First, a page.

Unreal Engine 4 Dynamic GI Screenshot Comparison – New Fable Legends Screenshots Show Xbox One’s Graphics Power

Fahad Arif
Posted 2 years ago

Lionhead Studios, a British video game developer owned by Microsoft Studios, is responsible for Xbox 360’s renowned action role-playing video game series known as Fable. The developer is advancing to next-gen level by bringing Fable to Xbox One, and in a recent demonstration, the developer explained how the upcoming Fable Legends utilizes Xbox One’s graphics power while running on Unreal Engine 4.

New Fable Legends Screenshots Show How the Game is Utilizing Xbox One and Unreal Engine 4’s Potential – Redcaps Introduced

Lionhead Studios is currently working on Fable Legends for Xbox One. The game is somewhat considered to be a prequel to the series as it is set 400 years before the events of the first Fable game. Just like other next-gen games, the developer promises Fable Legends’ prominent manifestation on Microsoft’s latest Xbox One console.

Providing a sneak peek on the development work, Lionhead Studios recently released some new screenshots of the game and also demonstrated its dynamic global illumination tech, which Epic Games integrated into its new powerful game development engine known as Unreal Engine 4 and which, the developer is using to light up Fable Legends. A provided screenshot comparison clearly shows how the dynamic global illumination tech is helping the developer to make a graphically immersive video game.

“We made a decision early on to have fully dynamic lighting in our game,” says Lead Graphics Programmer for Fable Legends in a post on Lionhead Studios‘ blog. “We think this is important for a number of reasons: It allows dynamic time of day, which adds variation to our world; it massively improves iteration times for artists; and it supports dynamic objects both reflecting and receiving light. Dynamic GI can also give higher quality results than baked lighting in some cases, for example, reflections, where lighting needs to take into account the view position.”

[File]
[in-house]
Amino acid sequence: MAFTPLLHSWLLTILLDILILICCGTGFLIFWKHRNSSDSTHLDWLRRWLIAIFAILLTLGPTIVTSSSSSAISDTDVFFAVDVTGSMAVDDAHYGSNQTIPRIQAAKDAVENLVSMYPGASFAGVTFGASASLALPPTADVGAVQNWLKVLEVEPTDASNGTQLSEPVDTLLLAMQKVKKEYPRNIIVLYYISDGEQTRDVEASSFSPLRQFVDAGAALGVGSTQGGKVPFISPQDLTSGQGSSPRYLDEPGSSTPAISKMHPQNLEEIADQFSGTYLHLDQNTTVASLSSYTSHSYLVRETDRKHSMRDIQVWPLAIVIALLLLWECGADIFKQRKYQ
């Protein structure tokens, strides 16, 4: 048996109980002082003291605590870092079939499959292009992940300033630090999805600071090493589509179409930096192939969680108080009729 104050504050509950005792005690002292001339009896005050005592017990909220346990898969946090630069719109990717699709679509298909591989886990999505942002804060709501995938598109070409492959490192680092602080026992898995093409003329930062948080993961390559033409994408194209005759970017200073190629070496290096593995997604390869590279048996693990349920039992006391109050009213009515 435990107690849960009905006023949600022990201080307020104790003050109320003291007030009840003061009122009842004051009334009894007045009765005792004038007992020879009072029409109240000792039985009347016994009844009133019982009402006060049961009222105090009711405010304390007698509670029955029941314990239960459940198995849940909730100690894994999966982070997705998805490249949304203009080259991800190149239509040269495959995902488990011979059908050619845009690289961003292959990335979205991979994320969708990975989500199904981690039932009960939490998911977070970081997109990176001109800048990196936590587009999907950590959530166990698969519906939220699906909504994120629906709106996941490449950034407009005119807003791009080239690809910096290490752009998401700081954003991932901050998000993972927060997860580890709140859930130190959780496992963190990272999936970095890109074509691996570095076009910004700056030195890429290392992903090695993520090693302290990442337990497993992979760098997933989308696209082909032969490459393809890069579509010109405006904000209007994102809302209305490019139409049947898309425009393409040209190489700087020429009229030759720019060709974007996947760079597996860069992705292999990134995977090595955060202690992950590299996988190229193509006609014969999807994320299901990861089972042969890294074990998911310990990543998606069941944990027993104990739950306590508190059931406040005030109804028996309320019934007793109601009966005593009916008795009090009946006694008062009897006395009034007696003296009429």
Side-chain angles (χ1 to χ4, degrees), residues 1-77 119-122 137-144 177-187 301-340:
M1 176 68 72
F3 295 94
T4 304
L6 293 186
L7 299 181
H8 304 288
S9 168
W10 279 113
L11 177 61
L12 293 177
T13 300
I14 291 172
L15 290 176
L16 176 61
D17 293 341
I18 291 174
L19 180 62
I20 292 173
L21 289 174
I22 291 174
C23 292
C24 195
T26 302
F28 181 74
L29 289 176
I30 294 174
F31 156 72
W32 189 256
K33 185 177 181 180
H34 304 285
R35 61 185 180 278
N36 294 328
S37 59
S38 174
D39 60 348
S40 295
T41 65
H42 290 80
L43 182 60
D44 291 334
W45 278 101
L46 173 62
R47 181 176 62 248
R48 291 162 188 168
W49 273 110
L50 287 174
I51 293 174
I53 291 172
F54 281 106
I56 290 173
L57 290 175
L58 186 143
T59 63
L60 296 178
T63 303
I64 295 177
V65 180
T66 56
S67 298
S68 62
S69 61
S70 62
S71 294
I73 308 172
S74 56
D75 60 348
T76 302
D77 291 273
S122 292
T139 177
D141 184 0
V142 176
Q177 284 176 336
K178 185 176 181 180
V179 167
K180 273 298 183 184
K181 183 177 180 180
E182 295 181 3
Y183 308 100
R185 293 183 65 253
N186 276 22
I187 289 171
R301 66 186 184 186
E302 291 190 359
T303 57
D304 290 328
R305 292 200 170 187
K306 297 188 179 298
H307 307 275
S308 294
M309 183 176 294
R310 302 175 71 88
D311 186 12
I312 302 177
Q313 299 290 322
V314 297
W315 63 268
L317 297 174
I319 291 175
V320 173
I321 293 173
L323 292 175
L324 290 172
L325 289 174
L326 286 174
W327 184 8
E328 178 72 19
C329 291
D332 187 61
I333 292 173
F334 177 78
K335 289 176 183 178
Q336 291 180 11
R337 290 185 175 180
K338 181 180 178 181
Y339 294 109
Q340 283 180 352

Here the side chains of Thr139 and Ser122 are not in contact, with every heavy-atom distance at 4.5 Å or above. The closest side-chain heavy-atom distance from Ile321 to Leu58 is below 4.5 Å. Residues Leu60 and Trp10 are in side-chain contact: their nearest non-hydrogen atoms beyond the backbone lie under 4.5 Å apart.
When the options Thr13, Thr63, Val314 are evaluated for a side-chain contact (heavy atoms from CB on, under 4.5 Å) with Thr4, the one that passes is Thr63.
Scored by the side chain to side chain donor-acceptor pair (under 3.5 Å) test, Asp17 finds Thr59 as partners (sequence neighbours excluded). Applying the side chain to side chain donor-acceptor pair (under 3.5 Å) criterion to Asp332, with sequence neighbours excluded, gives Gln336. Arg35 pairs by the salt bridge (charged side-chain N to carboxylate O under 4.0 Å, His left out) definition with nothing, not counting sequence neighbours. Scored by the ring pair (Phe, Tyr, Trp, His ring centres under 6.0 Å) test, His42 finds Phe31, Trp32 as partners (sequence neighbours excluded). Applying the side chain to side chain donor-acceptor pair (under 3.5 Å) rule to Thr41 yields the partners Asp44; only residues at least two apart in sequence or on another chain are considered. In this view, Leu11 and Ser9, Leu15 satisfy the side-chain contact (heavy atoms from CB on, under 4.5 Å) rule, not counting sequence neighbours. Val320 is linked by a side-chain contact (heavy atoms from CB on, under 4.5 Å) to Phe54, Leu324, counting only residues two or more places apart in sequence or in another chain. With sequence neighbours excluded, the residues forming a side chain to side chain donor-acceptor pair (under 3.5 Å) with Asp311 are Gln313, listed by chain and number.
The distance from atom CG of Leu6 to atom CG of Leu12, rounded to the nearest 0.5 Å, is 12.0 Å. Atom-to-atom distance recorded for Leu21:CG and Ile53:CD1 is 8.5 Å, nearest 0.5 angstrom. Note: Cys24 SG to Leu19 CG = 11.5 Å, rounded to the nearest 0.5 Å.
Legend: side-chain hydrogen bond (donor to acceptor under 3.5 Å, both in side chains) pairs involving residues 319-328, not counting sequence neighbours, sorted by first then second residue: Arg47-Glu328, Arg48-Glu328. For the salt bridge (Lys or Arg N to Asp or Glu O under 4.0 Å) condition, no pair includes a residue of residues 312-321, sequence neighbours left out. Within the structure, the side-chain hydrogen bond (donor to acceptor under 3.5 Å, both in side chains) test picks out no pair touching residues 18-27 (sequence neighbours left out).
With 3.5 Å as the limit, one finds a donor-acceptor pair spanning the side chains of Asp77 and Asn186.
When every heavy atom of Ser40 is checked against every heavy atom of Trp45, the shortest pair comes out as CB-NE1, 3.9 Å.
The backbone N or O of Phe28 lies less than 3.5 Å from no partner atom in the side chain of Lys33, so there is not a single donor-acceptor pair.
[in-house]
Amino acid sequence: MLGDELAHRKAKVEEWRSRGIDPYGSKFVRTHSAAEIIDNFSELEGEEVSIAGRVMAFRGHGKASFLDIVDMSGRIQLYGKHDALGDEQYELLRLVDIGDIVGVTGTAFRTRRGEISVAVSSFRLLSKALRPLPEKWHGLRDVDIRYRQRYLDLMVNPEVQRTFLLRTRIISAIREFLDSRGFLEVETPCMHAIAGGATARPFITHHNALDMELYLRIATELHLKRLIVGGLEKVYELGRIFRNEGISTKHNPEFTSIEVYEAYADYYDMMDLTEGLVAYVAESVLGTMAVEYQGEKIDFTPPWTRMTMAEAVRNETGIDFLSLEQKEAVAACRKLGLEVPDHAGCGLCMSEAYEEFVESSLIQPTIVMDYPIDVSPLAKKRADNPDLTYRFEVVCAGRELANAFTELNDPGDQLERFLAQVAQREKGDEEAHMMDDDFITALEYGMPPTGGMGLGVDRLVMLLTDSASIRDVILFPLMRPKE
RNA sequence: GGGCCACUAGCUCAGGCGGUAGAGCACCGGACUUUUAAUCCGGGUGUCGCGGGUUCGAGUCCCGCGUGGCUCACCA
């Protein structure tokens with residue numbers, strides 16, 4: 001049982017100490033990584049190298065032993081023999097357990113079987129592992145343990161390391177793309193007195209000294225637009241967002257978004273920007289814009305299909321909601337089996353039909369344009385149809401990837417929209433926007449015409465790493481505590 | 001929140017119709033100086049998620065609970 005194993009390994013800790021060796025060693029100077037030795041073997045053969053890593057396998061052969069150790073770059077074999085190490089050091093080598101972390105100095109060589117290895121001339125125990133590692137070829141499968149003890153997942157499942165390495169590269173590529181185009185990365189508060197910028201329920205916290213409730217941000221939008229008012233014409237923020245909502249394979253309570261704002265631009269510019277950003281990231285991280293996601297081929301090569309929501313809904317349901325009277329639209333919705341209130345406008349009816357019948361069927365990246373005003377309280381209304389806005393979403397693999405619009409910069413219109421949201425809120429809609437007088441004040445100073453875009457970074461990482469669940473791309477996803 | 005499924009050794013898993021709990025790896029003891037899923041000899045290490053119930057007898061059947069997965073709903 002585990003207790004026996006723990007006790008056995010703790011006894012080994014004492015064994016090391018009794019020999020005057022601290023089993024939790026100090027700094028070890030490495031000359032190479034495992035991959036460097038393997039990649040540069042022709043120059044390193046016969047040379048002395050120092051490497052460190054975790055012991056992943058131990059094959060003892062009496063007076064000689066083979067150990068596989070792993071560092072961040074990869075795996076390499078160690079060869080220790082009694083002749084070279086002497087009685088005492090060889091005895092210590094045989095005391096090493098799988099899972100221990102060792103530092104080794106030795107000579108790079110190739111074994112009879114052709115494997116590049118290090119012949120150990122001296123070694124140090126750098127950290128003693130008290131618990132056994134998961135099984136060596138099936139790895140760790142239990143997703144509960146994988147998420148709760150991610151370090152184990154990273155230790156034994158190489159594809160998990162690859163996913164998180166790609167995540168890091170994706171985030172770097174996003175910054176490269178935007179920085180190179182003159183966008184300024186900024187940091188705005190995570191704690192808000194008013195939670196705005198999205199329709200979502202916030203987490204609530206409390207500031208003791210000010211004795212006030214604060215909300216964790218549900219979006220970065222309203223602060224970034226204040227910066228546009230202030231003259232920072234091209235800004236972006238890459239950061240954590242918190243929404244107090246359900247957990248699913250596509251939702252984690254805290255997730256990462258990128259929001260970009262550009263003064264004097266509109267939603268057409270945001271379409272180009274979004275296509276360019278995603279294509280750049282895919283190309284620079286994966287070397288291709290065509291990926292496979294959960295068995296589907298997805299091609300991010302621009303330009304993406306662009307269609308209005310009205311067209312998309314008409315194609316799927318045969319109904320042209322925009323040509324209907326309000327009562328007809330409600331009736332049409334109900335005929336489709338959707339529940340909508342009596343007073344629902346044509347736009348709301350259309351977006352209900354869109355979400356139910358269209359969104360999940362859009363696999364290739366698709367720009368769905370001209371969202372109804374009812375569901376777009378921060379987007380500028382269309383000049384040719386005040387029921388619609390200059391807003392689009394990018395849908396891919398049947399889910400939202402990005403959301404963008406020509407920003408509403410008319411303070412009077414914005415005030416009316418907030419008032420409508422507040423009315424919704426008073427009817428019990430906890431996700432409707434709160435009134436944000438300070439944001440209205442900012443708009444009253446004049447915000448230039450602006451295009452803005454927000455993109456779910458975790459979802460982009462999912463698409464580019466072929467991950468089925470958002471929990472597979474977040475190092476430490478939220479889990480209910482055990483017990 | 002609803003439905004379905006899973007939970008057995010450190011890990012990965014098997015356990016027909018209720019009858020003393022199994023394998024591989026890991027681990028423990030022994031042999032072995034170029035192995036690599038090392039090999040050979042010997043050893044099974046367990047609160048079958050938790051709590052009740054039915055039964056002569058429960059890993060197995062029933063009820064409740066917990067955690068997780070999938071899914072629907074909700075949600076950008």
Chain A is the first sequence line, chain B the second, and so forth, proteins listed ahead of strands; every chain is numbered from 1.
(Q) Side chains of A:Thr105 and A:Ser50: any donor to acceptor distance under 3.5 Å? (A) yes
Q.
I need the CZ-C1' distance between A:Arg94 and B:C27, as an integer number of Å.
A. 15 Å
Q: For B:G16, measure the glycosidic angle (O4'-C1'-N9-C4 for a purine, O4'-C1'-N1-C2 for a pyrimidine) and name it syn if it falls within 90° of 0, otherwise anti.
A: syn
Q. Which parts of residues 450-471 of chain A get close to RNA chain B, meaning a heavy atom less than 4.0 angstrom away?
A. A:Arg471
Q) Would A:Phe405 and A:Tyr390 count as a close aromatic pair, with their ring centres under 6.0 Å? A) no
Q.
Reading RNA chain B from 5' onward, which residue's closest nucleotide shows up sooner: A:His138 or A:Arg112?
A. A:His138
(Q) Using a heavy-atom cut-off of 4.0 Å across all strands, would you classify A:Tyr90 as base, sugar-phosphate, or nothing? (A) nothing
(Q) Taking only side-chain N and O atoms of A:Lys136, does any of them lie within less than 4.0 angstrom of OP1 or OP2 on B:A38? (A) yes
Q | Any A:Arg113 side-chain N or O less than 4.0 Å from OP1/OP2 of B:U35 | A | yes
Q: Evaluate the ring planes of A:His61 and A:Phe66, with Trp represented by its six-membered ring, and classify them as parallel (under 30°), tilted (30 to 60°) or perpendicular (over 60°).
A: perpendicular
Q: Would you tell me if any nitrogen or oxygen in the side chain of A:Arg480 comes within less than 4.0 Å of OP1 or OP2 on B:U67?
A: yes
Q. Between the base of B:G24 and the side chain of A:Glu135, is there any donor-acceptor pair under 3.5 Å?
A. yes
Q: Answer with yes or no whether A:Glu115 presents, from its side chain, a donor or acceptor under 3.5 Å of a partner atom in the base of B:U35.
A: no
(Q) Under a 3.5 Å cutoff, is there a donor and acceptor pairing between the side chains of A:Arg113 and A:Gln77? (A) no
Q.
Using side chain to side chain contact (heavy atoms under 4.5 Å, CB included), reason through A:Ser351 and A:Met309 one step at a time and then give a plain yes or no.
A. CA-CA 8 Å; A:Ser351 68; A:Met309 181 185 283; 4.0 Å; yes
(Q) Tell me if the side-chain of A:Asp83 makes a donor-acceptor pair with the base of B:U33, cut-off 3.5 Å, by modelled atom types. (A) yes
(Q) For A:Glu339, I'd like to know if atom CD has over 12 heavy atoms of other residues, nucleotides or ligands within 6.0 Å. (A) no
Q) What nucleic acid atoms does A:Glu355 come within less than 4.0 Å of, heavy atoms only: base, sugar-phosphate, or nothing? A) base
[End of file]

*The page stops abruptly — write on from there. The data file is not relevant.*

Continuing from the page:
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Explaining how the dynamic GI is brought together, the developer said, “We developed an implementation of Light Propagation Volumes, specifically targeted at modern GPUs (such as the one in Xbox One). Our method supports 2nd-Order Spherical Harmonics, which gives better directionality than the original method. We use compute shaders to generate a high quality voxel representation of the scene’s geometry, which we use to provide secondary occlusion and multiple light bounces.”


The two screenshots given below have been taken from Fable Legends to show how dynamic GI affects the game. The top screenshot lacks dynamic GI while the bottom one comes with applied dynamic GI.

Lionhead Studios also provided some details about a new creature from Fable Legends. “One of the stranger and less imaginatively named creatures of the forest, redcaps are easily recognised by their well . . . by their red caps,” reads another Lionhead post. “Should they lose their crimson hats, or the cap lose its colour, then a redcap will die. This threat renders this branch of forest fey both aggressive and highly wary of rain.”

“Finding this limitation to their lifespans to be less than helpful, redcaps have taken to hammering nails into their own heads, thus securing their cap and preventing it from drying out. Fear of sudden death (added to having nails in their heads) has made redcaps a fairly psychotic bunch, prone to fits of violence and villainy.”

“From the halberd-armed foot soldier and catapult-toting skullchucks, to their will-using shamans, redcaps are a common sight in Rosewood and represent a real danger to the unwary traveller. Indeed fear of Redcaps is so rife, that it’s been known for travellers to meet a misfortunate end simply by wandering into a nervous village wearing the same coloured headgear.”

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